Our motley crew of ten Team Members (the only criterion for participation was an obsession with healing the earth) descended on this village, Philippolis, to be instructed by humanitarian and educator, Kate Groch. We shopped in the village store, seeing how much we could purchase with a Philippolis family’s monthly pension, about $30 to feed a family of four for a month.  We visited the school where Kate is training Philippolians of all ages in literacy.  Then we dreamed up ways the citizens of the village could earn a better life by restoring the grasslands and the springbok herds.  That night we gathered at Kate’s house and went into a collective, deep suspension of disbelief.  On a huge piece of paper we wrote our mission statement: to save the world by connecting human beings with the true nature of their own souls and of the earth.  
 
Everyone piled in with ideas.  The drama therapist we’d literally kidnapped from Johannesburg talked about using her skills to heal psychological trauma caused by apartheid and it’s associated evils.  The concert organizer planned a series of rock concert benefits and was assigned the task of writing a group anthem.  The tracker pitched in his knowledge of wildlife rehabilitation.  The two social workers planned to publish papers in academic journals to give validity and purpose to the entire enterprise.  The horse whisperer said she would help people heal emotionally and connect with the animals we hope to establish in the Karoo.  The business manager was all about fundraising.  So for one night not a single one of us disbelieved.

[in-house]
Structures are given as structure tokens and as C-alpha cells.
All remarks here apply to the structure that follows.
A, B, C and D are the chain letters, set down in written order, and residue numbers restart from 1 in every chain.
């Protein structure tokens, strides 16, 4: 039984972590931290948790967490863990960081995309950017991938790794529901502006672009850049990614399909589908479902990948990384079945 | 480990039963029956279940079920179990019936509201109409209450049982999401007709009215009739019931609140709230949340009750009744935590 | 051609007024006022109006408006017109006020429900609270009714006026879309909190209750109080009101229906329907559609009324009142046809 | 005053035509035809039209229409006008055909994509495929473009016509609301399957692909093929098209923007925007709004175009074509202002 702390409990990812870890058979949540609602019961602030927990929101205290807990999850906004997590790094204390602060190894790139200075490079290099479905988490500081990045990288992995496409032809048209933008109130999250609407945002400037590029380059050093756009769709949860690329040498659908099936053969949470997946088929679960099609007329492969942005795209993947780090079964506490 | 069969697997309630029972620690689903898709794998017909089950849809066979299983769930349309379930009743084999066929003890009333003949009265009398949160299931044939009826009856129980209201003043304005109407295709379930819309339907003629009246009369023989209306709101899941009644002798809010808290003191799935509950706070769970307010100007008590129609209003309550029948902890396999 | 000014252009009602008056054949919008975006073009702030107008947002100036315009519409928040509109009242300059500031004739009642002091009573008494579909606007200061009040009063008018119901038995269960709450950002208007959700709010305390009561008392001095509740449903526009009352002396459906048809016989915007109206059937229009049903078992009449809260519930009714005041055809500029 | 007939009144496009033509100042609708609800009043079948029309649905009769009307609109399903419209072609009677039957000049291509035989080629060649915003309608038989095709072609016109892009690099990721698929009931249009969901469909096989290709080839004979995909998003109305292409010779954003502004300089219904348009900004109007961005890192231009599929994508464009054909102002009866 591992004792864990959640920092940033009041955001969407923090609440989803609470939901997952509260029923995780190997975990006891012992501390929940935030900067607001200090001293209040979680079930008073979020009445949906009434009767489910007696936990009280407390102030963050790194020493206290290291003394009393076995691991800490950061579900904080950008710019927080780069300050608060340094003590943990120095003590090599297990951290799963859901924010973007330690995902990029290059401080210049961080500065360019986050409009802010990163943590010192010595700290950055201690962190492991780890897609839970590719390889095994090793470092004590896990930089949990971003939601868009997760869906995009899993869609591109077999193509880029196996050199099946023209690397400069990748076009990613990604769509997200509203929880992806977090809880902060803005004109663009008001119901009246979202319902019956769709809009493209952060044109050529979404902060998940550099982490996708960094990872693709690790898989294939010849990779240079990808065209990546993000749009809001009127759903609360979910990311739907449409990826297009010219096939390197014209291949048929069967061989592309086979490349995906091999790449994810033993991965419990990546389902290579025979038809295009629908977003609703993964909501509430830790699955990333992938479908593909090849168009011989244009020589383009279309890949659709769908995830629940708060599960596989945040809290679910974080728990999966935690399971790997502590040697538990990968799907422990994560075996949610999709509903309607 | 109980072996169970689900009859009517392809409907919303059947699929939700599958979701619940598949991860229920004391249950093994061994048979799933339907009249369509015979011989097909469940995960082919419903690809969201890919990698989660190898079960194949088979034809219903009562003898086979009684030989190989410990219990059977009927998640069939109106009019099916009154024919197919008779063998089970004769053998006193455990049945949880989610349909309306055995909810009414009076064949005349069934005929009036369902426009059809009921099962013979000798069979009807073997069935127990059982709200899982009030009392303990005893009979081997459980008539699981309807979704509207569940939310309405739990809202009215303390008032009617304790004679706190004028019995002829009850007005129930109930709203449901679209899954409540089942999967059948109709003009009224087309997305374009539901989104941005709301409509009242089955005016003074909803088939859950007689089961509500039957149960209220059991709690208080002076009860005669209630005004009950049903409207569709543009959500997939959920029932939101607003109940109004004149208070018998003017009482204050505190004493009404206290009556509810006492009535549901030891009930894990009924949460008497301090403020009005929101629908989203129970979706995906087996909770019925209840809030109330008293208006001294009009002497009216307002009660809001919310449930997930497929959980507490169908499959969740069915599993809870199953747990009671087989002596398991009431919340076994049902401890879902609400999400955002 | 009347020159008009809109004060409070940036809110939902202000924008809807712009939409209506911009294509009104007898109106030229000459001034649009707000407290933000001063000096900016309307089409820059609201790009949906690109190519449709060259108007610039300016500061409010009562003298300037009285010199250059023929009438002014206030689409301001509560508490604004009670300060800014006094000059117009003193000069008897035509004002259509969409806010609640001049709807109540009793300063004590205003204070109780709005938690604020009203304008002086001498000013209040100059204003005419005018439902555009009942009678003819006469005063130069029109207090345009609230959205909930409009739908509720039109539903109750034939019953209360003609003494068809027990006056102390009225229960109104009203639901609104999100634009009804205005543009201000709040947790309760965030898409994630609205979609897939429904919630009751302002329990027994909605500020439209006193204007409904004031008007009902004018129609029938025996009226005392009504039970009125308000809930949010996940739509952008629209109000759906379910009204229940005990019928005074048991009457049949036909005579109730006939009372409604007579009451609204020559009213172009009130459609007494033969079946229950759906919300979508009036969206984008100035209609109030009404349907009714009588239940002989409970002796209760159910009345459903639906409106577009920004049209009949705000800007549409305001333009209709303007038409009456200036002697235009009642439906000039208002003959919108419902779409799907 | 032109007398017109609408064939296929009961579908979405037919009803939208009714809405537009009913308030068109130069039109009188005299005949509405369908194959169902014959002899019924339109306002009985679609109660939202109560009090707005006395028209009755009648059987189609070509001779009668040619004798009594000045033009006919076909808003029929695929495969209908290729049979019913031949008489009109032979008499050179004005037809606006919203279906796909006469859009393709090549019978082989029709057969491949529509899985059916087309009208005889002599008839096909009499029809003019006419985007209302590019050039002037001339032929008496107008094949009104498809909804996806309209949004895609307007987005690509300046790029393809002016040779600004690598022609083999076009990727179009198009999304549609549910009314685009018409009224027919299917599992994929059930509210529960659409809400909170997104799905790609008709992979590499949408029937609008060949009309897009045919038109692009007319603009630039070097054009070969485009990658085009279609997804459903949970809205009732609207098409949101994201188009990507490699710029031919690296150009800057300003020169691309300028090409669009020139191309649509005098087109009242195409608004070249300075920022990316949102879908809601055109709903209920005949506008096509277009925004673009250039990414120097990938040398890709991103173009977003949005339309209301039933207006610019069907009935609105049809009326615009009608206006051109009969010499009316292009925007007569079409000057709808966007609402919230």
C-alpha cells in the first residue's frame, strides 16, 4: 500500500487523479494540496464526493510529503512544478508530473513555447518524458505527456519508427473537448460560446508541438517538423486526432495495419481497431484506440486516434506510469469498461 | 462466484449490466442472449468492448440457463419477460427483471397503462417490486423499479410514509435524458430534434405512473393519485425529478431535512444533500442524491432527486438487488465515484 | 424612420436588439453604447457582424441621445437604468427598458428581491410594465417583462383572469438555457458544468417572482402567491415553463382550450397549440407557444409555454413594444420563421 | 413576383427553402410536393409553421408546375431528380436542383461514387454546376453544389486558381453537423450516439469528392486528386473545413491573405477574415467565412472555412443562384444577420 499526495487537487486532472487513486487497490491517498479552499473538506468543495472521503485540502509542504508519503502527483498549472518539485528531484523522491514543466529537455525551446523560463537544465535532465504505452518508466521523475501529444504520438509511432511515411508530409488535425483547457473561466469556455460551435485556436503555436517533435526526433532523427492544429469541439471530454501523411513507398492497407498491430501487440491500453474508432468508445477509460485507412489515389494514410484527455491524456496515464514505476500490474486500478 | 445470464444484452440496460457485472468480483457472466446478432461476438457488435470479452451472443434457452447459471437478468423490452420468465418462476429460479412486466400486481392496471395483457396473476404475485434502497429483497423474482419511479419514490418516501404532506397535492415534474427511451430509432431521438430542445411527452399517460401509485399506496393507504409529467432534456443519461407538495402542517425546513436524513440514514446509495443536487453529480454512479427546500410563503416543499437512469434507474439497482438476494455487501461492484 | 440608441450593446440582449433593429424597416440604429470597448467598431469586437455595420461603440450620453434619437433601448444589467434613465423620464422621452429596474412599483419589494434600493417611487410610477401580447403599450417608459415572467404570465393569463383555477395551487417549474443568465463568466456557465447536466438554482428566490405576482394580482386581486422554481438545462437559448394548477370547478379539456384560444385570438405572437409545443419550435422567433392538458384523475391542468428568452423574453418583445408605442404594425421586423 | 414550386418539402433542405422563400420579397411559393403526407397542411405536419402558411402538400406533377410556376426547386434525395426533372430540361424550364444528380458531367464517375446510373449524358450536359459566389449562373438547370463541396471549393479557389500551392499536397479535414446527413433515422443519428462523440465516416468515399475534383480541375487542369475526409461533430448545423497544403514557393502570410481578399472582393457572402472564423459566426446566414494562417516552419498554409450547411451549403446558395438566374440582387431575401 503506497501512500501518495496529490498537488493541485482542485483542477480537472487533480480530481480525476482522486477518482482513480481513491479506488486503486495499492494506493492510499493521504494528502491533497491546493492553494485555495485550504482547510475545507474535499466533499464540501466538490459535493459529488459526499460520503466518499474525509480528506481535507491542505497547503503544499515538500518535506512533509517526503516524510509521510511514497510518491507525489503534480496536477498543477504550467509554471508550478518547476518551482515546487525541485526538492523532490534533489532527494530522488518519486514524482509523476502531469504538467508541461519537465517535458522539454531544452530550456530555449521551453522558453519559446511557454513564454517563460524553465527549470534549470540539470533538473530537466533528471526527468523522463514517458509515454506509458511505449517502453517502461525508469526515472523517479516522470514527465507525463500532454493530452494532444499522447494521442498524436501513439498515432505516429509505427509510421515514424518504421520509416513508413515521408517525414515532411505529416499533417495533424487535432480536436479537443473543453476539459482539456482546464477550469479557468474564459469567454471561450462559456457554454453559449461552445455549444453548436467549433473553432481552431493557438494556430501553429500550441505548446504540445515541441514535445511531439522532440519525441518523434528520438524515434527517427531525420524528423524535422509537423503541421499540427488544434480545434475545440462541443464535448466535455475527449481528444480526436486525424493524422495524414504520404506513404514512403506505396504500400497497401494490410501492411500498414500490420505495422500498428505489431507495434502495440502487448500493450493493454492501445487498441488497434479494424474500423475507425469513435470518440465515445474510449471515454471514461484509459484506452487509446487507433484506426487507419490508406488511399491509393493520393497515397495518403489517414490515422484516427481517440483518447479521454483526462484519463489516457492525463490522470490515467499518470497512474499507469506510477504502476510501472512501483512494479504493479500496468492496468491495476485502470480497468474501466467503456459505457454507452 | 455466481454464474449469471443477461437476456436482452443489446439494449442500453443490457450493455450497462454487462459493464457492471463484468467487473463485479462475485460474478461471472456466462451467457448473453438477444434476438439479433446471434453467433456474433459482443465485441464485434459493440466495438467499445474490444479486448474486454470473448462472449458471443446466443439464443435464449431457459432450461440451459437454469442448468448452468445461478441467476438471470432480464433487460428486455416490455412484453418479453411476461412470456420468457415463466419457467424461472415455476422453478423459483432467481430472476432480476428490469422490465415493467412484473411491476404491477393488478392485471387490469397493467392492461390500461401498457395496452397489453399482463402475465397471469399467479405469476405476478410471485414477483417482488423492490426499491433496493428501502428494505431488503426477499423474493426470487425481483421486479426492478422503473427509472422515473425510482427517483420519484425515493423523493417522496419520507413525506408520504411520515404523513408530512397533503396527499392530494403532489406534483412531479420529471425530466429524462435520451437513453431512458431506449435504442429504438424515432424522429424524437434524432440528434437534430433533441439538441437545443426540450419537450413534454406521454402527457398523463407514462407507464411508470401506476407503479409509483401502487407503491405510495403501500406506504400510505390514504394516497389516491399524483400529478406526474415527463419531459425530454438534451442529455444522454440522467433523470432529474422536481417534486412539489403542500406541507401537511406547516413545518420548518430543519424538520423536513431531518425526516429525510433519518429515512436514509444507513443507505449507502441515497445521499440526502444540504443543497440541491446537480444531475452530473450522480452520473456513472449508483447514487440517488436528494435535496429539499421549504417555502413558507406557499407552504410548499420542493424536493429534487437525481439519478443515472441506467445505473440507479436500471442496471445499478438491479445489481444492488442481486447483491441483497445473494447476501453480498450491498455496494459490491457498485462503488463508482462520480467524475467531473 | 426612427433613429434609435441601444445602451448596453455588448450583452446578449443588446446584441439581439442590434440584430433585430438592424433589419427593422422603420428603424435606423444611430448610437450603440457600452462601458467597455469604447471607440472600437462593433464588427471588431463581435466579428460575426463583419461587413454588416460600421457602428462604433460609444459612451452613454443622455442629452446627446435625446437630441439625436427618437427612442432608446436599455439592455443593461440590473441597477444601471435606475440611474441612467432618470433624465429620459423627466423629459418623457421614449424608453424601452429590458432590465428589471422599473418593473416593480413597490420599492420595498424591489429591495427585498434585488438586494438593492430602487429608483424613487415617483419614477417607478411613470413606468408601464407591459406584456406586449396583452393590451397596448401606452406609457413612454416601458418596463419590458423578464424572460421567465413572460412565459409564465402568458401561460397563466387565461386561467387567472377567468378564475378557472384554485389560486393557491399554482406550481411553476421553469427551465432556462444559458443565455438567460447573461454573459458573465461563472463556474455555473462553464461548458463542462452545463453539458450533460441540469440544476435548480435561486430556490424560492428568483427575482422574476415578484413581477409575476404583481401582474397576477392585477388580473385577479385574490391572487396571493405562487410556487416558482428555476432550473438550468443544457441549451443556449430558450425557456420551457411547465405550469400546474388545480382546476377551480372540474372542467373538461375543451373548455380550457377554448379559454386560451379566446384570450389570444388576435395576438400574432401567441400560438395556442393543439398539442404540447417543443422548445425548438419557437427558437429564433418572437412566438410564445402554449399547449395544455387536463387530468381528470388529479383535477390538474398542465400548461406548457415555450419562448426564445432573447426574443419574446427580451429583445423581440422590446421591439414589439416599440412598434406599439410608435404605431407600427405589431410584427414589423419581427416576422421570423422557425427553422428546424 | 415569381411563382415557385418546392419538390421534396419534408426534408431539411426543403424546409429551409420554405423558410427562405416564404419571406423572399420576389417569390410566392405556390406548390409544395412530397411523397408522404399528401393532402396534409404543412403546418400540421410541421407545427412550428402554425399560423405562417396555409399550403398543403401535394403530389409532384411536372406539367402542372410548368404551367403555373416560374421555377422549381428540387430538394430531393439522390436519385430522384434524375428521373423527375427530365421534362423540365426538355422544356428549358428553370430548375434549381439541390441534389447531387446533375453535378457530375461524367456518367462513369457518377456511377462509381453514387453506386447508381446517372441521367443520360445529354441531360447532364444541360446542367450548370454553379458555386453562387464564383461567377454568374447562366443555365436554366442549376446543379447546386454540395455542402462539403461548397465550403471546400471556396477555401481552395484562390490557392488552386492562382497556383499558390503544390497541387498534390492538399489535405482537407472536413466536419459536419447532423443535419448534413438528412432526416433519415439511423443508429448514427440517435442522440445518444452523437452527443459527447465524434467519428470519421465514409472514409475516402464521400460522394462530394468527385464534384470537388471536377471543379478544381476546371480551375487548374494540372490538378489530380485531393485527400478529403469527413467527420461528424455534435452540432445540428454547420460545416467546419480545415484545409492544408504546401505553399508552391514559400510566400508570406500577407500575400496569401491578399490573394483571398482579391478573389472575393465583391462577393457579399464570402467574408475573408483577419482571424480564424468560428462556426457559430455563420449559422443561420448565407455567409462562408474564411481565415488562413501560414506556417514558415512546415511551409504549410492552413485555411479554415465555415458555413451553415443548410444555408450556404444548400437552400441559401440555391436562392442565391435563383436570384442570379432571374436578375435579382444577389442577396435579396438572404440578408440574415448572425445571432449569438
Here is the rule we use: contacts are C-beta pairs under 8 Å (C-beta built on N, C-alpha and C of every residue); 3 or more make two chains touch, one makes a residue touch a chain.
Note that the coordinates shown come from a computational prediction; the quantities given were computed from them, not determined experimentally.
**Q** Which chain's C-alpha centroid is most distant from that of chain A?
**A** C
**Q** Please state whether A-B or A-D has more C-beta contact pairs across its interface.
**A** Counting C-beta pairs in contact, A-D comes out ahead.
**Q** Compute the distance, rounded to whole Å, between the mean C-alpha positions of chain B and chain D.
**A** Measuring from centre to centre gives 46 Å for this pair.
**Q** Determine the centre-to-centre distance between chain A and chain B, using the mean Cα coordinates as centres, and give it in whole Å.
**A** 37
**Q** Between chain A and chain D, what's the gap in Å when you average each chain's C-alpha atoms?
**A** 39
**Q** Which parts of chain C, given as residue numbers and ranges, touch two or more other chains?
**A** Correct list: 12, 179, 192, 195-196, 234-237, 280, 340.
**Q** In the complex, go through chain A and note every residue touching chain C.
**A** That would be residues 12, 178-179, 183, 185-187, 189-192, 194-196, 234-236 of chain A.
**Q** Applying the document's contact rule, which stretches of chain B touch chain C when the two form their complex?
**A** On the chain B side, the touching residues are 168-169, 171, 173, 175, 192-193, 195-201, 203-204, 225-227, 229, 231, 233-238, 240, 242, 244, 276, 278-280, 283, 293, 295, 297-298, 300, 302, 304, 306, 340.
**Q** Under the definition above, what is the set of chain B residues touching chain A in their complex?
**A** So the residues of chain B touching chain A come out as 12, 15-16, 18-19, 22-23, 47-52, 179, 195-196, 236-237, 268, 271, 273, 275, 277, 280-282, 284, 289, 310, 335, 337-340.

We were completely committed to Margaret Mead’s famous quote “never doubt that a small group of thoughtful, committed people can change the world.  Indeed it is the only thing that ever has.”  
 
The next morning within an hour, four surprise phone calls came to different members of our party.  A famous educator called to say he would donate three years of his life to the cause that Kate and her mother, Mo, are championing.  A large international clothing company called to say they were excited about funding whatever it was we were doing.  I got a call inviting me to meet with some of the most powerful philanthropists on earth.  And a Middle Eastern energy company which is leading the green revolution requested coaching for a number of their employees in the Middle East.  
 
There is no doubt in my mind that this flurry of good news came as a direct result of our small committed group forgetting to disbelieve for a few riotous, joyful hours.  I suggest that for your October harvest you bring together a small committed group of your own.  Make a plan to change the world.  For one night, don’t disbelieve that you can.